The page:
We stigmatize disorders of the brain, but not other organs of the body. Why?
A teenage girl saw her classmate get hit by a car. He was thrown over the hood, broke his leg, and was taken away in an ambulance. Later on, the girl started to cry from shock, as she described the incident to her teacher. The teacher went to a member of the administration, and said that he was worried about her, that she seemed distraught. The response? “Oh, she’s just crazy. She just wants the attention; she’s crazy.”
This would be bad enough, but the teenager in question was known to regularly attend therapy. “Oh, she’s crazy” is just another example of the stigma that sufferers of mental illness face on a daily basis — if people are aware of their struggles, that is.
A report on the effects of this prevalent stigma pointed out that people who encounter this stigma are more likely to suffer from “a relapse of symptoms,” and less likely to accept treatment. It goes on to say that the effects of the stigma aren’t always outwardly measurable. Some 69 percent of people internalize the stigma “in the form of lowered self-esteem,” which is no joke. Self-esteem is necessary for a happy life.
The stigma against the mentally ill is serious. It’s not just making people uncomfortable, it’s damaging them and impeding their recovery.
One of the ways you fight stigma is by finding the courage to tell your story. Over 47 million American adults suffer from mental illness and more than half of them don’t receive treatment. The National Institute of Mental Health reports that it can easily take people ten years to get treatment.
These are unacceptable numbers. So what to we do about it?
Researchers found that of all the strategies to combat the stigma, “contact, which challenges public attitudes about mental illness through direct interactions with persons who have these disorders,” is the most effective, even more effective than attempts to educate people about the nature of mental illness.
Encountering somebody with mental illness forces you to see them as a complicated, nuanced, intelligent person, who defies stereotyping. It forces you to see them as any other human being, whose neurochemistry and personal history presents unique challenges for them. They’re not “crazy,” they’re mentally ill. It’s a big difference.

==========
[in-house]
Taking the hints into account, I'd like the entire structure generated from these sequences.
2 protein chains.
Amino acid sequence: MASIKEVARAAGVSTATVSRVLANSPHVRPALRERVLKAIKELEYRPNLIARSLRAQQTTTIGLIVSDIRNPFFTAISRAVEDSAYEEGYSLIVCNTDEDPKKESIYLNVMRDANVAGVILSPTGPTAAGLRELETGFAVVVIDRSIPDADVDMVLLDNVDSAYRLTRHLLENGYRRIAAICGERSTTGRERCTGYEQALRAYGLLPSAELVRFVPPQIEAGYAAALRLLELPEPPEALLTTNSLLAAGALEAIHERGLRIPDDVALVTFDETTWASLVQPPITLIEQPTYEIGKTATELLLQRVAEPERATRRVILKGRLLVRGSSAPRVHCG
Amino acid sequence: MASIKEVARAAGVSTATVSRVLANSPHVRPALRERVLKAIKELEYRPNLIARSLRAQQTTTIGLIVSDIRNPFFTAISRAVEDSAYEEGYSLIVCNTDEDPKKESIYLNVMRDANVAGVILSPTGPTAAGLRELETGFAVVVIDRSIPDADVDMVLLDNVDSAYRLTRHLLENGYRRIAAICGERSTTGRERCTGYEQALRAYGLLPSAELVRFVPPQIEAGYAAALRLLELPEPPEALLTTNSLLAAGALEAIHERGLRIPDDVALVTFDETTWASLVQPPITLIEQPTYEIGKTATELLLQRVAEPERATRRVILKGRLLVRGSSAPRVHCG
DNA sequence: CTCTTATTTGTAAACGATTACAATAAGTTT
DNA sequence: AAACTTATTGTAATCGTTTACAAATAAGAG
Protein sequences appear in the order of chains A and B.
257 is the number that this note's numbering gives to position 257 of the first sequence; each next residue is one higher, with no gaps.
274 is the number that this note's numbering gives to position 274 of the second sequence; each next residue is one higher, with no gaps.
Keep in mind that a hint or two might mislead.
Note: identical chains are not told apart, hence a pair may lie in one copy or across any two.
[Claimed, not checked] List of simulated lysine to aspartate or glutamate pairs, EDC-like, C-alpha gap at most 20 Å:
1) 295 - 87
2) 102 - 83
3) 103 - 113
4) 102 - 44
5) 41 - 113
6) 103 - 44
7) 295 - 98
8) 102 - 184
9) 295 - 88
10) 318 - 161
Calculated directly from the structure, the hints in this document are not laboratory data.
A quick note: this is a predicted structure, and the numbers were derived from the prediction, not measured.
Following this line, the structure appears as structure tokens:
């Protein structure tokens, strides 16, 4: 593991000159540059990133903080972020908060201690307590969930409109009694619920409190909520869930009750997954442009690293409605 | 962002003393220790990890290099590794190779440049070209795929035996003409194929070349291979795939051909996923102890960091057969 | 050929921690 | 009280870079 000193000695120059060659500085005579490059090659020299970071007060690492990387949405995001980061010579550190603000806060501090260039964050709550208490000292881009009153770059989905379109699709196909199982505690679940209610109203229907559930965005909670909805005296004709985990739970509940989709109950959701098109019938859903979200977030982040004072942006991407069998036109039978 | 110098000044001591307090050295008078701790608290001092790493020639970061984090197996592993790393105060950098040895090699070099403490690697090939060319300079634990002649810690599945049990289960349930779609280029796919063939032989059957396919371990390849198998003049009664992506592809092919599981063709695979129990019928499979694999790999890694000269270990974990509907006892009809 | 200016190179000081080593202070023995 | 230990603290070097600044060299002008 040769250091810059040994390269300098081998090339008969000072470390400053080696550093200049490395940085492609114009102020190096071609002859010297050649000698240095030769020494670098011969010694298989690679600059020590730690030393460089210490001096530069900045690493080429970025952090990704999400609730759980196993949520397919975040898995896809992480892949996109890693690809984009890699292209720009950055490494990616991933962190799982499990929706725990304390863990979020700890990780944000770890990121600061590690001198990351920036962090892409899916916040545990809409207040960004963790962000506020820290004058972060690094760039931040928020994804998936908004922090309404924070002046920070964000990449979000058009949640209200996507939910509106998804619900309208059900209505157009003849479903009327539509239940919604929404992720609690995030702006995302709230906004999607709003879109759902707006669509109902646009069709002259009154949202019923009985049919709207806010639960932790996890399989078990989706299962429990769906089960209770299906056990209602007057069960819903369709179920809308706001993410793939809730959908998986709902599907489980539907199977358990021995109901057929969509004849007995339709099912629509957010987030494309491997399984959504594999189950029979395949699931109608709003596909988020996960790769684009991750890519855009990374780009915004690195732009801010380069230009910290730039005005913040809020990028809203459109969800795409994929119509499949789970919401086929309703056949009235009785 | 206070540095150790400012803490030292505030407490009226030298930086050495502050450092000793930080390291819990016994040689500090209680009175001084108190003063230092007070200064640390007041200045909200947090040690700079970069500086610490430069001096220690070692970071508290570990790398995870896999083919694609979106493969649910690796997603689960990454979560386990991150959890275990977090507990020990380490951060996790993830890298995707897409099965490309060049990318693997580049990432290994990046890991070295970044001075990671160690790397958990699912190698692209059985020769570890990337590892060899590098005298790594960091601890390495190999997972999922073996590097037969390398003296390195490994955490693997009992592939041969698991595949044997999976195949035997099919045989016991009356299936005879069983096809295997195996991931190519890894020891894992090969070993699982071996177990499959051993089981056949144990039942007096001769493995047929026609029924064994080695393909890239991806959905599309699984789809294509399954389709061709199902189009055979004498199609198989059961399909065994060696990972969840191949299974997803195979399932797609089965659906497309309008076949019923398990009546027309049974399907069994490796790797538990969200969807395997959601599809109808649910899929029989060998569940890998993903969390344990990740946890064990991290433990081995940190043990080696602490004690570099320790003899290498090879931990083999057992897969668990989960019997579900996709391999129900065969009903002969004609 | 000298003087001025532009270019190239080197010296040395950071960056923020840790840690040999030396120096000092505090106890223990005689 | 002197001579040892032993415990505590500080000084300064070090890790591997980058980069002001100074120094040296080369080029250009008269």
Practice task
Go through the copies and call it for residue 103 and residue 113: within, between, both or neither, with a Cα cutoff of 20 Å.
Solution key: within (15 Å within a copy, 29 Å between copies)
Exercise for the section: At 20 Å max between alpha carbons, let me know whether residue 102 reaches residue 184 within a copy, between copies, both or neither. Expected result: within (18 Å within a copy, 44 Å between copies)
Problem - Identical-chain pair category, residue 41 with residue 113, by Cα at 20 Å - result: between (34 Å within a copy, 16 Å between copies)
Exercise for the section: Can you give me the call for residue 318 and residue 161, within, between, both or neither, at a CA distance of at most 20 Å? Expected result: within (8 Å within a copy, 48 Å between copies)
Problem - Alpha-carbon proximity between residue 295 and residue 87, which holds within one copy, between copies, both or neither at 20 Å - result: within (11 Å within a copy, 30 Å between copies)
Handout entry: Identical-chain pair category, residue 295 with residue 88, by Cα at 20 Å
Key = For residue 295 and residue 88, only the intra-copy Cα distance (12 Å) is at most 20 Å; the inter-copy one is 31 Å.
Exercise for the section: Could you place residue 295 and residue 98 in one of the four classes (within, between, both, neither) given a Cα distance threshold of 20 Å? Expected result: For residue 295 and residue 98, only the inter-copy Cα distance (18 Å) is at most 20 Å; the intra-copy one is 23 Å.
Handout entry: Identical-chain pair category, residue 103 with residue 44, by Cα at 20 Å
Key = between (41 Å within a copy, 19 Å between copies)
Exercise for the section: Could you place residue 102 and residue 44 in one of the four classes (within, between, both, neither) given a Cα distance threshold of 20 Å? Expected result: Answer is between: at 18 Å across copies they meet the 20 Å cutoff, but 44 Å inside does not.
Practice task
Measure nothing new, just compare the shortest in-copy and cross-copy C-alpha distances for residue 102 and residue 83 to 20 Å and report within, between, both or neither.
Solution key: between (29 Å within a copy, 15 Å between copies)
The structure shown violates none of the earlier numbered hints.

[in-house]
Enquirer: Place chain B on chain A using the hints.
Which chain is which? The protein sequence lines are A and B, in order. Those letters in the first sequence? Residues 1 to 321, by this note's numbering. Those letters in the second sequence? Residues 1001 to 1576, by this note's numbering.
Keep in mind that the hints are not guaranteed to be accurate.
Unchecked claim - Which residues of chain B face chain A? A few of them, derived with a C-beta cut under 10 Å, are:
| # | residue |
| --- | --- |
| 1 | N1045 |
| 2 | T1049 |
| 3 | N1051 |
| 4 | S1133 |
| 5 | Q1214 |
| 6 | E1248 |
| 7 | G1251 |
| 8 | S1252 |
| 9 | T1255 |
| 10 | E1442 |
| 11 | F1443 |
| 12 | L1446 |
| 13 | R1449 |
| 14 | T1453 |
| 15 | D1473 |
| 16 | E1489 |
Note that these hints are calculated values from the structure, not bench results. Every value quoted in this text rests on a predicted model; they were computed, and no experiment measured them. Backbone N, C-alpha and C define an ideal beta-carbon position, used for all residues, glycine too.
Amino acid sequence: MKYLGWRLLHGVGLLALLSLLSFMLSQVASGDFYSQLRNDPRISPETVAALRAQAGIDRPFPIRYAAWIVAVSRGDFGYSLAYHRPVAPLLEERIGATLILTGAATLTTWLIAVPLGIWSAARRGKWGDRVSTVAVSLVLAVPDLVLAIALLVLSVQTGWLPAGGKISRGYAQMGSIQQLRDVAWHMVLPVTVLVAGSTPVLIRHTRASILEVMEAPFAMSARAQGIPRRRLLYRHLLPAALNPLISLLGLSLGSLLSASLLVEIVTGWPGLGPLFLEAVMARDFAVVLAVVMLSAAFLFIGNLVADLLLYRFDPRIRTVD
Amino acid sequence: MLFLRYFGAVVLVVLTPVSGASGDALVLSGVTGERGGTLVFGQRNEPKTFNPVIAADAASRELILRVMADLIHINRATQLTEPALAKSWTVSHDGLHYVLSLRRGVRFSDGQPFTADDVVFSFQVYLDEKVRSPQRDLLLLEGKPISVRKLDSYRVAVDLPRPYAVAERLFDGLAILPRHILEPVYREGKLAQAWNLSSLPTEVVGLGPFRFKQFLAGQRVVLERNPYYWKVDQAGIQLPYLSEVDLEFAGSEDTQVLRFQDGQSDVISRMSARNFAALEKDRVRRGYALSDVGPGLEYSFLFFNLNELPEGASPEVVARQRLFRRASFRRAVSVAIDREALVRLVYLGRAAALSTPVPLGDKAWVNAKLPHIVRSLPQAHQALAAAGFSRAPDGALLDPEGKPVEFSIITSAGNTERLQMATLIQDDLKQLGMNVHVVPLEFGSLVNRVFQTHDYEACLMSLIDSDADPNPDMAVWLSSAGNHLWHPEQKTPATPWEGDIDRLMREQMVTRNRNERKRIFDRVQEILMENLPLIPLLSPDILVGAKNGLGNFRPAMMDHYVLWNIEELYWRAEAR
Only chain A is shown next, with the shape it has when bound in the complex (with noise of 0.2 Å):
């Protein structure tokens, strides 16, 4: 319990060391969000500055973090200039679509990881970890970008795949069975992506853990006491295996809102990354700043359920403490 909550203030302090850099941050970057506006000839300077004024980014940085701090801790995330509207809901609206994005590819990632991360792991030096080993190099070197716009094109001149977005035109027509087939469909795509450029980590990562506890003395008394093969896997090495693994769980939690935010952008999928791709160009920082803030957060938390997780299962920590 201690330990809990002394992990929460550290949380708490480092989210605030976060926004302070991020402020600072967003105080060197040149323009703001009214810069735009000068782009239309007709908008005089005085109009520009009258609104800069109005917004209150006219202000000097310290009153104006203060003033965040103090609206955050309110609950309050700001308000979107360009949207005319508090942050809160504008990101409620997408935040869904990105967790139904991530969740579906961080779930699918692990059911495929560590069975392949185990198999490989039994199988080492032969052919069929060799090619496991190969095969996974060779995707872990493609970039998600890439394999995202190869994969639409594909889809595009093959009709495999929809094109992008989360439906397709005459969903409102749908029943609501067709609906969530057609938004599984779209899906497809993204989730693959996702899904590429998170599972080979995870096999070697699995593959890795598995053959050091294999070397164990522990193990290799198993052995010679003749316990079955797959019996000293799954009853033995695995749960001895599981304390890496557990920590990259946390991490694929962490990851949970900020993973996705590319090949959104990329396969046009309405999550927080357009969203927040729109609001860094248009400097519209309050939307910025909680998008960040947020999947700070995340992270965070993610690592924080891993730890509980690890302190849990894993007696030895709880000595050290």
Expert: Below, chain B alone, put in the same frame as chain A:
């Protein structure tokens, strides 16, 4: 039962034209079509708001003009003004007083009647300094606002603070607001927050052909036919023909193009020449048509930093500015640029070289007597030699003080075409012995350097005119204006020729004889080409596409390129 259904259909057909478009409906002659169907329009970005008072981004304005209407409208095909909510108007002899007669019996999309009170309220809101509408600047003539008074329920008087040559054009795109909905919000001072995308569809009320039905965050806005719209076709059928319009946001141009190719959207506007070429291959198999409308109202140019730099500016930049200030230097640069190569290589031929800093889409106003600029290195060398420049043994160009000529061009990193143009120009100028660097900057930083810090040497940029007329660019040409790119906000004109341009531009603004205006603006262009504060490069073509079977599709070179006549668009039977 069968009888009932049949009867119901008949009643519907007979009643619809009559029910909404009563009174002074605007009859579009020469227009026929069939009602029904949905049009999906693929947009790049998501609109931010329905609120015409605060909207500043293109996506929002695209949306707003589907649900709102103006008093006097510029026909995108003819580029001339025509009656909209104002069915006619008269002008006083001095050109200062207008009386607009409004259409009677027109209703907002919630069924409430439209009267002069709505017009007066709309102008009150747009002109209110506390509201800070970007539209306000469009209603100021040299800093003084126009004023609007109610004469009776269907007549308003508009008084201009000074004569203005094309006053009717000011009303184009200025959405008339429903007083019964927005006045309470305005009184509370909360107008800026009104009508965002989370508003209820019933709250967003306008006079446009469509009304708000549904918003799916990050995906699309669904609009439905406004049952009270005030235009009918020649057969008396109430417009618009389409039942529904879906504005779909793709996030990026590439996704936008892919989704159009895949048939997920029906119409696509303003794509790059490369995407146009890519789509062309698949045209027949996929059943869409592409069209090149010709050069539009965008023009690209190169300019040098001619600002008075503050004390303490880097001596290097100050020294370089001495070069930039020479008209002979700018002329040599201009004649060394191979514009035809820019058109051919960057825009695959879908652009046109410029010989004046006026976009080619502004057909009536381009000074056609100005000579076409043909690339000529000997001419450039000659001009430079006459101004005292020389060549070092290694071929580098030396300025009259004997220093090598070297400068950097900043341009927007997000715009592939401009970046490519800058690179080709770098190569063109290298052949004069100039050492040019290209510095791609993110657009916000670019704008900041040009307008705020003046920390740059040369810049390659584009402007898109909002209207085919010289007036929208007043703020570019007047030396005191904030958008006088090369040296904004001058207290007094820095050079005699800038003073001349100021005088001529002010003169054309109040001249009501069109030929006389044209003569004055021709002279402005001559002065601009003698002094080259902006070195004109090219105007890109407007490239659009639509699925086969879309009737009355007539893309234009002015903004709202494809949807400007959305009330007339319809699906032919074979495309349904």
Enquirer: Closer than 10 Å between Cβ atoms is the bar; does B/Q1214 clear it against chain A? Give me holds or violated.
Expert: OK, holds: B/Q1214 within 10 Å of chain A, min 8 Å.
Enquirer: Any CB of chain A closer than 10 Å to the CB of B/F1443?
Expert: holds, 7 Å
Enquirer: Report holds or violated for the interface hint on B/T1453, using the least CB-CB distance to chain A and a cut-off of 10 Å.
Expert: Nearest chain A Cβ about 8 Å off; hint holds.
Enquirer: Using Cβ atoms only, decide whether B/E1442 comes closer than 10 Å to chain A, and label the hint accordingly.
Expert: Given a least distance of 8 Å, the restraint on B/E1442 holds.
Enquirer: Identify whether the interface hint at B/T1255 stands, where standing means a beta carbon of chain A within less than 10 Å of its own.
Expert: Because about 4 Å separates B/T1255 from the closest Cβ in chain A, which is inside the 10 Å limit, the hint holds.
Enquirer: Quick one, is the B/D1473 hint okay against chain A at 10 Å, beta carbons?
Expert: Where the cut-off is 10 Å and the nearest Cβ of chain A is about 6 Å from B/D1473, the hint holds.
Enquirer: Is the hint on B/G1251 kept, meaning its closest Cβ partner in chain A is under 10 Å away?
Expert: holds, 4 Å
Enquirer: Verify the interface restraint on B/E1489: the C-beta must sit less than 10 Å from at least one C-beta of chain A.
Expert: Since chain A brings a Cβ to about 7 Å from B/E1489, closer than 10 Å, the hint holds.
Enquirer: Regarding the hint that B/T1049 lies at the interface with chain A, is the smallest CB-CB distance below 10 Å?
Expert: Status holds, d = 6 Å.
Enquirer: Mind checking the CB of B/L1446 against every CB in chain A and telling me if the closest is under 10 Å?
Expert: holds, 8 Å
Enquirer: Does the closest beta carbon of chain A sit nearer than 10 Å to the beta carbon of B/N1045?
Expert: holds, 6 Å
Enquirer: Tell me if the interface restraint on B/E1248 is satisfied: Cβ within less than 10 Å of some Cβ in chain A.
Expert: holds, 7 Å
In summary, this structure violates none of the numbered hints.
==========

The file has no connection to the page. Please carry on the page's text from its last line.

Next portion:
I suppose it’s not enough to talk the talk, so here’s what I haven’t been telling people: I have obsessive compulsive disorder (OCD). The disorder is the subject of a great deal of caricaturing … you know, “Oh, I’m so OCD, I hate it when my bed covers are wrinkled!” It’s actually not very funny. OCD gives me panic attacks, it gives me a brutal case of scrupulosity, it plays horrifying, intrusive images over and over again in my head, and imposes irrational rules on me.
The other day I made a little progress — I broke one of my rules. I ate my trail mix in the wrong order. I ate two cashews in a row, instead of taking turns with them. Hey, I’d be laughing myself at the pure stupidity of that problem, except that I know myself, and what I did was a big deal, and real progress. Still, it doesn’t mean I don’t feel stupid admitting it.
Mental illness feels humiliating, but it shouldn’t be, and it wouldn’t be if society didn’t categorize it differently than other, non-humiliating illnesses.
Pastor Rick Warren, whose son committed suicide after years of depression, put it well: “If I have diabetes, there is no stigma to that, but if my brain doesn’t work, why am I supposed to be ashamed of that? It’s just another organ. People will readily admit to taking medicine for high blood pressure, but if I am taking medication for some kind of mental problem I’m having, I’m supposed to hide that.”
There’s no change without action. So if you’re mentally ill, and you can muster the courage, consider not guarding your secret so carefully. It’s a huge step toward self-acceptance and it’ll make the world a safer, fairer place for others who suffer just the same as you.